2900 Detroit Avenue
Cleveland, OH 44113
"Pipo Nguyen-duy was born in Hue, Vietnam. Growing up within thirty kilometers of the demilitarized zone of the 18th Parallel, he describes hearing gunfire every day of his early life. In 1975 he immigrated to the United States as a political refugee.
Pipo has taken on many things in life in pursuit of his diverse interests. As a teenager in Vietnam, he competed as a national athlete in table tennis. He also spent some time during the mid 80s living as a Buddhist monk in Northern India. In 1983 he earned a Bachelor of Arts degree in economics at Carleton College. He then moved to New York City, where he worked as a bartender and later as a nightclub manager. While living in the East Village in the 80s, or as Pipo describes, the crux of creativity in New York, and meeting people such as musician Don Cherry and artist Keith Haring, Pipo interests turned to art. In 1992 he earned a Master of Arts in Photography, followed by a Master of Fine Arts in Photography in 1995, both from the University of New Mexico at Albuquerque.
Pipo has received many awards and grants including an En Foco Grant; a Professional Development Grant from the College Arts Association; an American Photography Institutes National Graduate Fellowship, NYC; a fellowship from the Oregon Arts Commission in Salem, Oregon; a B. Wade and Jane B. White Fellowship in the Humanities at Oberlin College; and two Individual Artists Fellowship from the Ohio Arts Council in Columbus, Ohio. He participated as an artist-in-residence at Monets Garden through The Lila Wallace-Readers Digest Artists at Giverny Fellowship and also at the Headlands Center for the Arts in Sausalito, California. He participated in Light Works Artist-in-Residence program in 2004.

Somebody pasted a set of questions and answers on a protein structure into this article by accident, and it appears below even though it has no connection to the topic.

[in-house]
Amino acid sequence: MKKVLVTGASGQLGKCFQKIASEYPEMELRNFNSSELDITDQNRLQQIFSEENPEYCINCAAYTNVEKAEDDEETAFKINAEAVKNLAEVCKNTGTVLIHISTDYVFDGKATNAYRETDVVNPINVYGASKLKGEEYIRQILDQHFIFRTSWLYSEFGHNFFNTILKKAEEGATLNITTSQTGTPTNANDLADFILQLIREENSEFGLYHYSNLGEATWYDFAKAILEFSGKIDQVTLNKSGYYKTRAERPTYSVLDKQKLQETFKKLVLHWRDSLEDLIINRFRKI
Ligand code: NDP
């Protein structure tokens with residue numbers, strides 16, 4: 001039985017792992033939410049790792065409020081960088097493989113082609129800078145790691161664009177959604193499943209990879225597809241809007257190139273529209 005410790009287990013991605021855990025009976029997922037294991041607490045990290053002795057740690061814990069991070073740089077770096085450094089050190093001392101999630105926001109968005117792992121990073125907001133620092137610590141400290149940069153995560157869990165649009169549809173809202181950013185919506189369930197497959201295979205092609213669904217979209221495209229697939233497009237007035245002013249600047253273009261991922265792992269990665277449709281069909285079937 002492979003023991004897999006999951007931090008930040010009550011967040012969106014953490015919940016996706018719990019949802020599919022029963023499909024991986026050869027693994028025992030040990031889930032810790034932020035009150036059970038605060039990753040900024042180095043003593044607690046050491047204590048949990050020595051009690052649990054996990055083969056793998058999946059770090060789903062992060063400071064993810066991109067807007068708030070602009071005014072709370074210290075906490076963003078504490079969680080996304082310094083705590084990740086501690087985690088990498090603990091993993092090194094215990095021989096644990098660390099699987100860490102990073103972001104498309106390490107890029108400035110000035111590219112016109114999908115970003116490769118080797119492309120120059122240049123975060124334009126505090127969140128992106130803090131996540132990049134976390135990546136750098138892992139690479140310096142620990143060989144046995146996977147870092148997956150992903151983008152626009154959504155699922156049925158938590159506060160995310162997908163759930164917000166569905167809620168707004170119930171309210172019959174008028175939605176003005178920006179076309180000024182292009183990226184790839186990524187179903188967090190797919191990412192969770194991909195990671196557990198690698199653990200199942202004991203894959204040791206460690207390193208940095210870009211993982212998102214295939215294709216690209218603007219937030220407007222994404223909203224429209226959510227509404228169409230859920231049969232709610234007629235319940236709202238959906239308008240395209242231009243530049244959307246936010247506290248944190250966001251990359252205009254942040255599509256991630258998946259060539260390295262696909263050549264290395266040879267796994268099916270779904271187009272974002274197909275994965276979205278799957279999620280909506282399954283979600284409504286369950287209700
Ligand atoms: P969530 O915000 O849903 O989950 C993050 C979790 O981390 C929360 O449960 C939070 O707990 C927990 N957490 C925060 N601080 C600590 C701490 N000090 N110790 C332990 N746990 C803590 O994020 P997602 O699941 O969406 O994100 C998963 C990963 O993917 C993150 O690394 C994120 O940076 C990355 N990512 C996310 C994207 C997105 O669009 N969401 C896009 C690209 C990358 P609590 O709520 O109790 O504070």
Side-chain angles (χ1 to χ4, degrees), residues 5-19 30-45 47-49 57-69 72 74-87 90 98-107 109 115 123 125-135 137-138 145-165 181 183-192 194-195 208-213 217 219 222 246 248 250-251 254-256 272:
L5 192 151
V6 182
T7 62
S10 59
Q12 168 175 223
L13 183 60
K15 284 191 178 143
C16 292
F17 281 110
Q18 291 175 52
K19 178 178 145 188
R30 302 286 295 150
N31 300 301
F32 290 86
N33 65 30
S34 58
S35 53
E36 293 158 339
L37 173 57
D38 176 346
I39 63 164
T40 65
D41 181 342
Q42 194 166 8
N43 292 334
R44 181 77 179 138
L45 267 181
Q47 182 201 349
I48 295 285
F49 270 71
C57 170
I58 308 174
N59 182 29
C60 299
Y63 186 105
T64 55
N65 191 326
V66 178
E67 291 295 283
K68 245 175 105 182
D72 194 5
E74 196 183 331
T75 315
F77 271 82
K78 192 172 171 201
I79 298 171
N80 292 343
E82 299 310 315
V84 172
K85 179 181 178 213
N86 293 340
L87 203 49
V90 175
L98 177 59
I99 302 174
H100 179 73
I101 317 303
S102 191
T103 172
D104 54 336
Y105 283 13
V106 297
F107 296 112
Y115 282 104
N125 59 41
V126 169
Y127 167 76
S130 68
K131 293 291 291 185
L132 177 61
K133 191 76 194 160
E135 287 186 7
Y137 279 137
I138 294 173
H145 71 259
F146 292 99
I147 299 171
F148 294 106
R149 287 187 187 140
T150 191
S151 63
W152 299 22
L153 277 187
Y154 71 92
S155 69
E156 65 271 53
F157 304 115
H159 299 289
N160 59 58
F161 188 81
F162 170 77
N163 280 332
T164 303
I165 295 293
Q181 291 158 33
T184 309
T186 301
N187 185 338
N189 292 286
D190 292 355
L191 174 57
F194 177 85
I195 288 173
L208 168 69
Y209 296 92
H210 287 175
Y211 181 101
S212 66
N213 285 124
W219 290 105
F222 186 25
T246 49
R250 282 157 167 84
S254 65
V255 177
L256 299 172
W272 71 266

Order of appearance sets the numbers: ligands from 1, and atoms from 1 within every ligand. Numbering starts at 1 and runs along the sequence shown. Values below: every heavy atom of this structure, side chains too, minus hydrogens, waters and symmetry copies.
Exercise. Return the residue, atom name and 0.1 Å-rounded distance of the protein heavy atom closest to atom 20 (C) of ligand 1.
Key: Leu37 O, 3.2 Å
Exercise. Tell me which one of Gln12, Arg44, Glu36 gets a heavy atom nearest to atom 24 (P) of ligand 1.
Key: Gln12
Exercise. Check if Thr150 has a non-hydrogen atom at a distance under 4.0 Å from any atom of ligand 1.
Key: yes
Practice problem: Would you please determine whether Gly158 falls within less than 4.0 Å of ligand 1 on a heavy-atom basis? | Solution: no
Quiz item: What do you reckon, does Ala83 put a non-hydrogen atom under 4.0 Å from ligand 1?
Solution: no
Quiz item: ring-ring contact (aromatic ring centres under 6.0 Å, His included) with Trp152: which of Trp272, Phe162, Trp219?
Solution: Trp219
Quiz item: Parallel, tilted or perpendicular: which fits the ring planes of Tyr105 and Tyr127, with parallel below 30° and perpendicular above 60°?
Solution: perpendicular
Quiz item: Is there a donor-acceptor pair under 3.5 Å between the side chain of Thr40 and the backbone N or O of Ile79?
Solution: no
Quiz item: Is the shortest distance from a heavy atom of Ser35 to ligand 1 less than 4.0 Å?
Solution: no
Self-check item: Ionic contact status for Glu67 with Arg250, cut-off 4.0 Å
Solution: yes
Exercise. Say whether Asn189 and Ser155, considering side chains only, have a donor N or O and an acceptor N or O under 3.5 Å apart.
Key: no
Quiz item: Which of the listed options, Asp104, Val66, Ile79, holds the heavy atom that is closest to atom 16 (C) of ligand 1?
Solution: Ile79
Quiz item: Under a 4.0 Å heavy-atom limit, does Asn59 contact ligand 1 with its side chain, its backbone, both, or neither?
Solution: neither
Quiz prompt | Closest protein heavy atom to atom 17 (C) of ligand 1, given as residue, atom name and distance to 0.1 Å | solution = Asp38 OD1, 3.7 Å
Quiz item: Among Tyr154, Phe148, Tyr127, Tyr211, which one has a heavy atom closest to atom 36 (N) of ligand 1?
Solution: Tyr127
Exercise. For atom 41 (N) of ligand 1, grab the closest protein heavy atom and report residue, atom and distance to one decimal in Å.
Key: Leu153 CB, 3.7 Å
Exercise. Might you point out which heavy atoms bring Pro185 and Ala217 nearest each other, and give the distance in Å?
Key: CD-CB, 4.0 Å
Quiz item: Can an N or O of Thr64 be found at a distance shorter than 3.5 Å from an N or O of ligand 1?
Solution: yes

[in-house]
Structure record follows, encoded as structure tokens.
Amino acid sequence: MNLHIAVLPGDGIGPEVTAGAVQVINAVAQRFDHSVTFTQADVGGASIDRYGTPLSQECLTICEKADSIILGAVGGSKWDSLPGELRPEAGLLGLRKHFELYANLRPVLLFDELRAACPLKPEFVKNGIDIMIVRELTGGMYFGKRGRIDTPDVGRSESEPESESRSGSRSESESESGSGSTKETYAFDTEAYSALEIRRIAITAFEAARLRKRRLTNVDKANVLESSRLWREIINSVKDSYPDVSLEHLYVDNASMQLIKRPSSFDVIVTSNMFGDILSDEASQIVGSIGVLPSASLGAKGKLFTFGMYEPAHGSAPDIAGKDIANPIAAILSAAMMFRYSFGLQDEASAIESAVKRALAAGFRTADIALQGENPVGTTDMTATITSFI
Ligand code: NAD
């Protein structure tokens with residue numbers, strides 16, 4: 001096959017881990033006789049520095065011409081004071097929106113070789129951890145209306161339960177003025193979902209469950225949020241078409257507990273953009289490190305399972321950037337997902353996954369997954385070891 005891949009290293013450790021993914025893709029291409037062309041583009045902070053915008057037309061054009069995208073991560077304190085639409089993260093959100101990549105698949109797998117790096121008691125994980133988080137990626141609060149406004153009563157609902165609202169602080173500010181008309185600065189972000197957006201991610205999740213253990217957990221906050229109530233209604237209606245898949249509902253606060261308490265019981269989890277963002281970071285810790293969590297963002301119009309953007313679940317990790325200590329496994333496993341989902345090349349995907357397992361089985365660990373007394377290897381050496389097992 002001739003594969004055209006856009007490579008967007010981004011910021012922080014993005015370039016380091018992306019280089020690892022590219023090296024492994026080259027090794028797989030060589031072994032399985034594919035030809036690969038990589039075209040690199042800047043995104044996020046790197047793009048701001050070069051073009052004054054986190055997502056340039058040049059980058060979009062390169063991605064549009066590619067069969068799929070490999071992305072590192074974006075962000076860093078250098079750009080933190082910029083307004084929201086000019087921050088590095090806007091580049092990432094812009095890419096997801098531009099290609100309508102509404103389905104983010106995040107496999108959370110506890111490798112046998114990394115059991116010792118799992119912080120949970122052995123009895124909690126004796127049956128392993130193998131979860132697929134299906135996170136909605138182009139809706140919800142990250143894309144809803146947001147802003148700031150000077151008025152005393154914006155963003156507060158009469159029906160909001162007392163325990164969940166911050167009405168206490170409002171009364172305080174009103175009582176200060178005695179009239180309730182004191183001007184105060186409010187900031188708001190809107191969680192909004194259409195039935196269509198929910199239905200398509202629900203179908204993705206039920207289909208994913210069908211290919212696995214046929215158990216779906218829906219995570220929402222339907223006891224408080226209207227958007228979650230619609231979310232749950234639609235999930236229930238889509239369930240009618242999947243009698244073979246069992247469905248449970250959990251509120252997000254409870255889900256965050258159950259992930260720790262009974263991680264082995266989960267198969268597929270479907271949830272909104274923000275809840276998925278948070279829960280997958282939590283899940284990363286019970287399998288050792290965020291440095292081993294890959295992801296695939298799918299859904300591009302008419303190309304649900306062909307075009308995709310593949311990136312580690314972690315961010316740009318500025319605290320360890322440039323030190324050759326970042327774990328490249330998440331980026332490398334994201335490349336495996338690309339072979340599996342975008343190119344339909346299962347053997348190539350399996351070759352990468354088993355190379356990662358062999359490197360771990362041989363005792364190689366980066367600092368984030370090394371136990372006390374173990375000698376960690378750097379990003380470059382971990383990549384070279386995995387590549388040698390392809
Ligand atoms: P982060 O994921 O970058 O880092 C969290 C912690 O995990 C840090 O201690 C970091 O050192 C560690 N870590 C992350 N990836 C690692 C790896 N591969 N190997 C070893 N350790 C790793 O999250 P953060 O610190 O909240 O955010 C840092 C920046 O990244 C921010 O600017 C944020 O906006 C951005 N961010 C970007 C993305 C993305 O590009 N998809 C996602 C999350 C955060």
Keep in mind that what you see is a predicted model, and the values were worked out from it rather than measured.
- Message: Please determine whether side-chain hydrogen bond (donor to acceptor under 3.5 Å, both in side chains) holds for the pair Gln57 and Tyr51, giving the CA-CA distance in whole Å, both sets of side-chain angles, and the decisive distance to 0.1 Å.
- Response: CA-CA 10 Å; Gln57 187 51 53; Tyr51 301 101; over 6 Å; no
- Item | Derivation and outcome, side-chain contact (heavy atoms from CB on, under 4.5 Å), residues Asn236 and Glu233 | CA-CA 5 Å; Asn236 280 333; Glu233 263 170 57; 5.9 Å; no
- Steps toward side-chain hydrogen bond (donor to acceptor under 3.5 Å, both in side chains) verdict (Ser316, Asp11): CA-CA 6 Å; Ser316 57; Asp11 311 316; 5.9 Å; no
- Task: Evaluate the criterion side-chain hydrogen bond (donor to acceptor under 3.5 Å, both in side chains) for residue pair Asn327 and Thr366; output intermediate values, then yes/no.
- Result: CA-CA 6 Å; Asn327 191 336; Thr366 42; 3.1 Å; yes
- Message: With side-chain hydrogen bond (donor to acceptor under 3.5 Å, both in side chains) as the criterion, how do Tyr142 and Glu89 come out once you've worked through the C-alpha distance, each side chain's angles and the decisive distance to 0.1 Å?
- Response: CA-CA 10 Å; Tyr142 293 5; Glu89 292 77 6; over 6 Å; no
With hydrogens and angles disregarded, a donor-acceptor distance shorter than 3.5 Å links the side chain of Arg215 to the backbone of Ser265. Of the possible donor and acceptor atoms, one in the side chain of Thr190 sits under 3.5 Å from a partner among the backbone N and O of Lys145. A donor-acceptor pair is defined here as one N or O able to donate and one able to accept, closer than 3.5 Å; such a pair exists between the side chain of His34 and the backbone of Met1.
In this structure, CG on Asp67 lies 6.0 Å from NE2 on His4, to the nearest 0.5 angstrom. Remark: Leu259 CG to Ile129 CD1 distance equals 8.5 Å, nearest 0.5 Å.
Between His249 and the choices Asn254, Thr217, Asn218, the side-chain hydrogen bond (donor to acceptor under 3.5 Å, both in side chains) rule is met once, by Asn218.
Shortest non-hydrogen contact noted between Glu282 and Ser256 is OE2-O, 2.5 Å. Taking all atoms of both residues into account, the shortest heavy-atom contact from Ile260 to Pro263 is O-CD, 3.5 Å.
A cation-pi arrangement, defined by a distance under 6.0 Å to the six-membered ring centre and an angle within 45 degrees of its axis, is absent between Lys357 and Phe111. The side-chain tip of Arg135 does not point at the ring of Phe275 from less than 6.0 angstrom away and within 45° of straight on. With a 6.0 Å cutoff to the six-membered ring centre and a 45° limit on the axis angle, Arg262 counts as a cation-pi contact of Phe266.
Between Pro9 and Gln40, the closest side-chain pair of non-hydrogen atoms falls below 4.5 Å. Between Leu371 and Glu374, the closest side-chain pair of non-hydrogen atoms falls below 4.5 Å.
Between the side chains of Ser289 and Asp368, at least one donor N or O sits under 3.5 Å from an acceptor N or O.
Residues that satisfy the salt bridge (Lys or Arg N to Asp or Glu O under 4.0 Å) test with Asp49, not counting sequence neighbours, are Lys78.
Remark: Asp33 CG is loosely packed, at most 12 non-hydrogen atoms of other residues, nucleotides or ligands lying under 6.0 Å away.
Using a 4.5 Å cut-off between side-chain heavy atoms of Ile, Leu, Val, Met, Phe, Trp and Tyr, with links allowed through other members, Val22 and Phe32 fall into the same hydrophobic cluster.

His work has been exhibited and are in public collections in the United States, Europe, Asia and South America. He is represented by Sam Lee Gallery in Los Angeles, California.
Pipo is an Associate Professor teaching photography at Oberlin College in Oberlin, Ohio."
Pipo Nguyen-duy uses visual language by capturing and often creating scenes that draw on cultural iconography, history, and various landscapes to challenge stereotypical representations.
Nguyen-duy exhibited his work at SPACES in the exhibition Between the Borders: New Forms of Identity in 2001.
SPACES' galleries reopen January 5. All visitors are required to wear masks and social distance from staff and other guests. SPACES is located close to the 26, 76, and 81 bus stops, as well as the Red Line Rapid station. Street parking is available throughout Hingetown, as are bike racks. We are wheelchair accessible throughout the galleries.
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